A little less exuberant, though seemingly no cause for concern. After all, the overall trend is still up. Notice, however, that the IEA claims that in 2011 the world produced 86.2 million barrels of “oil” per day (mb/d). But when we apply steps two and three and translate this production into the energy equivalent of a true barrel of oil, we end up with only 79.5 mb/d. (This is part of the reason why oil prices are still high even though we constantly hear about oil production going up.) In addition, after applying steps two and three, the forecast for 2035 drops from 100 mb/d to 87.5 mb/d. This is starting to look a little tight, but, hey, no worries. Someone will think of something, and nothing much will change. Except we still have steps four and five ahead.
Step four. We have to consider Energy Returned on Energy Invested (EROEI). This isn’t a difficult concept to understand, but it is quite different from how we thought about energy for pretty much the entire twentieth century.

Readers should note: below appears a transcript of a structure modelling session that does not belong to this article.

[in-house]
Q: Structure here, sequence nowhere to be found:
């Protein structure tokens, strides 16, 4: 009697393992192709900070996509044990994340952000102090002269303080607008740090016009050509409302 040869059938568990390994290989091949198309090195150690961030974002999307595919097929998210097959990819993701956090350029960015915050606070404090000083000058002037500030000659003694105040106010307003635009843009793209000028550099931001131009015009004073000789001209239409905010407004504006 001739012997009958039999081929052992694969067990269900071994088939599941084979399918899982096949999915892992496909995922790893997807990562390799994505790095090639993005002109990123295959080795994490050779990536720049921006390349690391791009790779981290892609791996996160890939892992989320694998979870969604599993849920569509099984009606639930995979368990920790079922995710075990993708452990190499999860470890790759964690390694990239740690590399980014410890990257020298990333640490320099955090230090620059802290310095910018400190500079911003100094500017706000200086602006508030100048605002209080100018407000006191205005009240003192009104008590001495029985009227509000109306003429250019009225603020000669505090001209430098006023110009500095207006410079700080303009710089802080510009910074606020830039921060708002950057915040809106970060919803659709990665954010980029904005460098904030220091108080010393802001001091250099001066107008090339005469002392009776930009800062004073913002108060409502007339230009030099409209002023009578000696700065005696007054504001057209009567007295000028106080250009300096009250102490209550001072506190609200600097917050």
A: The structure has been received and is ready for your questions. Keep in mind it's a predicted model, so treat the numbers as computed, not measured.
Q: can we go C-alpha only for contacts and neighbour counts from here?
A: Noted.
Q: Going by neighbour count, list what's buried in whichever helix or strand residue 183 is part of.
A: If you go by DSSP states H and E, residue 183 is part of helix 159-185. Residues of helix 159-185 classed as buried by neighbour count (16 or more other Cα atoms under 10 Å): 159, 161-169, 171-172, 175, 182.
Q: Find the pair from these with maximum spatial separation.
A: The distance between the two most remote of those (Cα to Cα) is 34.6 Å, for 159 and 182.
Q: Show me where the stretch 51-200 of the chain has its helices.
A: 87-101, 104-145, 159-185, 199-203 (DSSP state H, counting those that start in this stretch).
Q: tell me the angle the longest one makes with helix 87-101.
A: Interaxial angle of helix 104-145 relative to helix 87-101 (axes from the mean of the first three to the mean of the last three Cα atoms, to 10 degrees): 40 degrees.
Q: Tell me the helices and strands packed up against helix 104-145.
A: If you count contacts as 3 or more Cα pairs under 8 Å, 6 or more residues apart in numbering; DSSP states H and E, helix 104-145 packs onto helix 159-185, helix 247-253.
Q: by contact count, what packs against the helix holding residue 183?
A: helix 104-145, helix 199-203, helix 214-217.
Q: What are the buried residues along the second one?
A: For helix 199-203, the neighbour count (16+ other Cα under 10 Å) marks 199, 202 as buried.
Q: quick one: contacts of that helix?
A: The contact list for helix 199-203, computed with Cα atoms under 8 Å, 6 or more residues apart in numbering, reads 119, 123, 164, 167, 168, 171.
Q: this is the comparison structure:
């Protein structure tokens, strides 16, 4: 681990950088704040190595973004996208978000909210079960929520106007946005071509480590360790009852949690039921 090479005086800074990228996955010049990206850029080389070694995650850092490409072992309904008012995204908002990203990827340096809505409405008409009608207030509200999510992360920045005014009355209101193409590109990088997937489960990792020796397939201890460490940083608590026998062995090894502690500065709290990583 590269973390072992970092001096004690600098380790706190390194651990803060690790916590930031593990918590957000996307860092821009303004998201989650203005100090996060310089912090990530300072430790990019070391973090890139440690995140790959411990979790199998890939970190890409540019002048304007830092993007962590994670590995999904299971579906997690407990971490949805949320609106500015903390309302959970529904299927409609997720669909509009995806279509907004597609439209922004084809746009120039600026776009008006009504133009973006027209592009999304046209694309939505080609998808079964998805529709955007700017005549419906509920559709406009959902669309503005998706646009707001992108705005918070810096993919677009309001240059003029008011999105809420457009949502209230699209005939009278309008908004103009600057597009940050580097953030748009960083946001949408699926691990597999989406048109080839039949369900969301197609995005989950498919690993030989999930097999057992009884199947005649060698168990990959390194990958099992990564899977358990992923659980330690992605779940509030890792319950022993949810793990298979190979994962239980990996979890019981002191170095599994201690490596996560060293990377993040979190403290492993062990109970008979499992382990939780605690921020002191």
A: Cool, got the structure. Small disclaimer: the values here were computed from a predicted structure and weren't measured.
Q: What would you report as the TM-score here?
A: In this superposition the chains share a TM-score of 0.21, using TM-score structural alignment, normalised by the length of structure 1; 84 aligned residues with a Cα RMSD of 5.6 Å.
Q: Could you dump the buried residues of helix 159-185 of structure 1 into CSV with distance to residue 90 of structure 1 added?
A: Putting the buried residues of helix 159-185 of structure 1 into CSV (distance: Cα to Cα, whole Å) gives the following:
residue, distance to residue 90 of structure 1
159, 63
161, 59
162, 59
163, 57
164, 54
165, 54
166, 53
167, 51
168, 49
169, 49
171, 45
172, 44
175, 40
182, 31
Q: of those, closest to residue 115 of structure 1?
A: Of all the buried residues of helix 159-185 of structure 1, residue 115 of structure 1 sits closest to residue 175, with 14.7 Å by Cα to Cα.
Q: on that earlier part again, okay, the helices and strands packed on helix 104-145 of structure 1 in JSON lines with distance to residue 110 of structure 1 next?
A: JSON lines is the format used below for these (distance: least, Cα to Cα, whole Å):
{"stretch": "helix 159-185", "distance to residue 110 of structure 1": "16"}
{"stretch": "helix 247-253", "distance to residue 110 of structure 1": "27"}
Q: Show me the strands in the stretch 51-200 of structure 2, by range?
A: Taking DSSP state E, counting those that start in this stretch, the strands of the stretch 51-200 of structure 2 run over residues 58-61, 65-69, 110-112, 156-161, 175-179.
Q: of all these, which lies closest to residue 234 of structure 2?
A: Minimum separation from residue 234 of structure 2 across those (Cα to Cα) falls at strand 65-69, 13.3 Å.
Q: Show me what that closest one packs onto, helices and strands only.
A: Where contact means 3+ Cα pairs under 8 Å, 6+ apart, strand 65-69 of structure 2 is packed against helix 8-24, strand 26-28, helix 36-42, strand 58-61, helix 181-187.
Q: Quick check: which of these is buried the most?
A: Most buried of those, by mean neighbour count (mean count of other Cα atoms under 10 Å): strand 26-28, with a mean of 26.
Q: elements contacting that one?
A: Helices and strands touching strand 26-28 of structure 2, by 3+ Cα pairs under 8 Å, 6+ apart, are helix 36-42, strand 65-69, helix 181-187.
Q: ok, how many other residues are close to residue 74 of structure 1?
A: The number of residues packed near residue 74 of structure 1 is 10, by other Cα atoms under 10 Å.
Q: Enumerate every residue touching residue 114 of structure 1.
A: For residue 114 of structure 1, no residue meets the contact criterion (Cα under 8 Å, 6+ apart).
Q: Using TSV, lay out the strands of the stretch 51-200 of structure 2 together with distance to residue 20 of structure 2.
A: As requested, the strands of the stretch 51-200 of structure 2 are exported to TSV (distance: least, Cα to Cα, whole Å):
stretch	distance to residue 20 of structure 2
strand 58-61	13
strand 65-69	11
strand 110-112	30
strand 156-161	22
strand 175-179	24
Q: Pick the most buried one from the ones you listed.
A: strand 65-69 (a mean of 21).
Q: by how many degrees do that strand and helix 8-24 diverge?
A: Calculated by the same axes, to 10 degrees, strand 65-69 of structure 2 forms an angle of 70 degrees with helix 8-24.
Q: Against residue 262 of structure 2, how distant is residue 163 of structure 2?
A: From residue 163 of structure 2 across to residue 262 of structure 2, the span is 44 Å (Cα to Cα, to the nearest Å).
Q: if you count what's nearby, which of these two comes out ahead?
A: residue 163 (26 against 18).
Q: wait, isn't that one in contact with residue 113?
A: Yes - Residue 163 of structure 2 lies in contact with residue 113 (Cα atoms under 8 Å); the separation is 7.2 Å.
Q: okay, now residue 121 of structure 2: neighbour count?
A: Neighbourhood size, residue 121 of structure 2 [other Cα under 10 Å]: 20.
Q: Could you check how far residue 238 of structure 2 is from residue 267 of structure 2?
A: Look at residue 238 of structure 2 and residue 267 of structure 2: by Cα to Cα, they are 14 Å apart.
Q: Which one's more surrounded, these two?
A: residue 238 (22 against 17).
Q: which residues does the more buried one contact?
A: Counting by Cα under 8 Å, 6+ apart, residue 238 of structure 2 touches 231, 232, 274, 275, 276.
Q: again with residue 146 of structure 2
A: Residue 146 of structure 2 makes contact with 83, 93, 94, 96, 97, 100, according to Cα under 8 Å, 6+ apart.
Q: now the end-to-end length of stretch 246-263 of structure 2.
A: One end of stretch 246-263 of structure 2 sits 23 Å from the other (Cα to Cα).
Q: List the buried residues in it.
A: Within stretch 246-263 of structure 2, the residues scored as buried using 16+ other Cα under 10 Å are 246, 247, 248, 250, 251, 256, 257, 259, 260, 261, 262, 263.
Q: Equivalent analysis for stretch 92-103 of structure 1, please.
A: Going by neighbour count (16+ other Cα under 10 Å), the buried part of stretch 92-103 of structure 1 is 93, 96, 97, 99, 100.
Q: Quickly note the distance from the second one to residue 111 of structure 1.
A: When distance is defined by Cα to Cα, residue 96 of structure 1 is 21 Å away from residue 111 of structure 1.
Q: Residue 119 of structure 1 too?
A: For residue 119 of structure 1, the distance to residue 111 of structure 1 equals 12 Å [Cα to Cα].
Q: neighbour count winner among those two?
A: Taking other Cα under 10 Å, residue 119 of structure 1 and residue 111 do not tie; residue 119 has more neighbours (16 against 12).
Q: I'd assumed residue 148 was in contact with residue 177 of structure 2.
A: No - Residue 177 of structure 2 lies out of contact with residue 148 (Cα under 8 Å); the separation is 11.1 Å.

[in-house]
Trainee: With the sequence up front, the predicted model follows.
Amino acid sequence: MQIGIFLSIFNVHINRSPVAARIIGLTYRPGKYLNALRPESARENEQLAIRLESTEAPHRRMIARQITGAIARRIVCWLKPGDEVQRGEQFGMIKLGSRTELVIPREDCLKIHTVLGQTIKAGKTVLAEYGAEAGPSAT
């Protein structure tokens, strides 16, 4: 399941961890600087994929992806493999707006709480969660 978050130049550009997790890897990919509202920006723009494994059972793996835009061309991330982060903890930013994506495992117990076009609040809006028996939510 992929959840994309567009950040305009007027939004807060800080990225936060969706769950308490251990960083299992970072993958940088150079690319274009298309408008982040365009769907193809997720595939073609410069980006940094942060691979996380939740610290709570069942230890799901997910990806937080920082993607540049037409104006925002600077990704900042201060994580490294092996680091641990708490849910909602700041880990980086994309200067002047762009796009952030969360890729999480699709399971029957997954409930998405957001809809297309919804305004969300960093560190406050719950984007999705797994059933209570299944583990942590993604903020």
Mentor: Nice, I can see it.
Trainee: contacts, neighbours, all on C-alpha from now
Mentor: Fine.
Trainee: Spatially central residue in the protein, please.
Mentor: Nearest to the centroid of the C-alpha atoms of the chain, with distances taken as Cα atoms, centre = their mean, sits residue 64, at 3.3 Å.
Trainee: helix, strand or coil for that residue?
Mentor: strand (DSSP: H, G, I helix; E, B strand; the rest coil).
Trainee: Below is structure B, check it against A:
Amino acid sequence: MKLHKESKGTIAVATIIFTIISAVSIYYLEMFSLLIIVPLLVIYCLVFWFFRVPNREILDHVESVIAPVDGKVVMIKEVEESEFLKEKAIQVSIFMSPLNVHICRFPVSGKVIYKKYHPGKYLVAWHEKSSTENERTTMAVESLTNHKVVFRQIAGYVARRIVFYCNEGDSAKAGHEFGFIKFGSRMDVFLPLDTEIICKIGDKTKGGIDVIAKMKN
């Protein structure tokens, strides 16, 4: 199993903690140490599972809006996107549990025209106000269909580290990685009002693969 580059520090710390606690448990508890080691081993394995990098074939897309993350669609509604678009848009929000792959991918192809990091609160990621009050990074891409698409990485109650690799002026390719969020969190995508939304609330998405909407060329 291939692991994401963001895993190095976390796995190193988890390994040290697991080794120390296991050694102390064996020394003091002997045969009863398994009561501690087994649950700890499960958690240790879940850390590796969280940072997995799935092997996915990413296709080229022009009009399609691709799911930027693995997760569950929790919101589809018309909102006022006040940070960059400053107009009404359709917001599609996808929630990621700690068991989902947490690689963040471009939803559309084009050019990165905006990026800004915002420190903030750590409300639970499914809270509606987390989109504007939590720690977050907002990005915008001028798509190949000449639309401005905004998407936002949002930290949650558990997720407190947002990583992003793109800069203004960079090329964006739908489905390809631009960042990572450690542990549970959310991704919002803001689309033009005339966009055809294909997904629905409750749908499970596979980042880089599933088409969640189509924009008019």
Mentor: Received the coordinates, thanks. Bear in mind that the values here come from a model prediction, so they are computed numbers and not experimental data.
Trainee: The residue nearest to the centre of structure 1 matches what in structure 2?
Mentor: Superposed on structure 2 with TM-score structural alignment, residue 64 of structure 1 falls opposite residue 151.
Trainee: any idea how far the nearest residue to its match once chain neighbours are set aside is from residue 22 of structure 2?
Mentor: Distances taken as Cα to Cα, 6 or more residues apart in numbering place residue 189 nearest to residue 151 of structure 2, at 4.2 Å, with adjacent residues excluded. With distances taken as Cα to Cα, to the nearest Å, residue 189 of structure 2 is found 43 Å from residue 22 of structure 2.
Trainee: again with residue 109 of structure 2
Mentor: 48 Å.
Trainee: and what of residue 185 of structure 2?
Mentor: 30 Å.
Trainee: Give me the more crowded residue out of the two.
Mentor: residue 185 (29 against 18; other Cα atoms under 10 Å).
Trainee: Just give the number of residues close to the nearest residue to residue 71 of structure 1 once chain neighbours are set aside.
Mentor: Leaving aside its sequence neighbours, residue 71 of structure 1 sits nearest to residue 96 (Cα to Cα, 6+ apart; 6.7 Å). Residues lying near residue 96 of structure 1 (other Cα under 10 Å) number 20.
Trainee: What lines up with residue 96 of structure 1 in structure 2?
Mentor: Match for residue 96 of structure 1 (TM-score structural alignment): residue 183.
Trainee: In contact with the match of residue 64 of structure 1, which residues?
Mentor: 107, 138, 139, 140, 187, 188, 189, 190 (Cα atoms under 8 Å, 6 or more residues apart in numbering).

It takes energy to make or capture energy in a form we can use. Back when you could practically stick a straw in the ground in Texas and get oil to spout out, we could produce 100 barrels of oil energy for just one barrel expended. What a deal! Over time, the easy oil was all sucked out. Over time, that left the more difficult oil to extract. Today we get about 20 barrels of oil energy for every barrel expended. But still, that means we only lose 5% of the energy. Not too bad.
But now even that moderately difficult stuff is declining and we’re forced to go after oil that has an EROEI of around 5 or so. So with this oil we lose 20% of the energy in just getting it. This is why this oil didn’t get used up first—it’s not as profitable.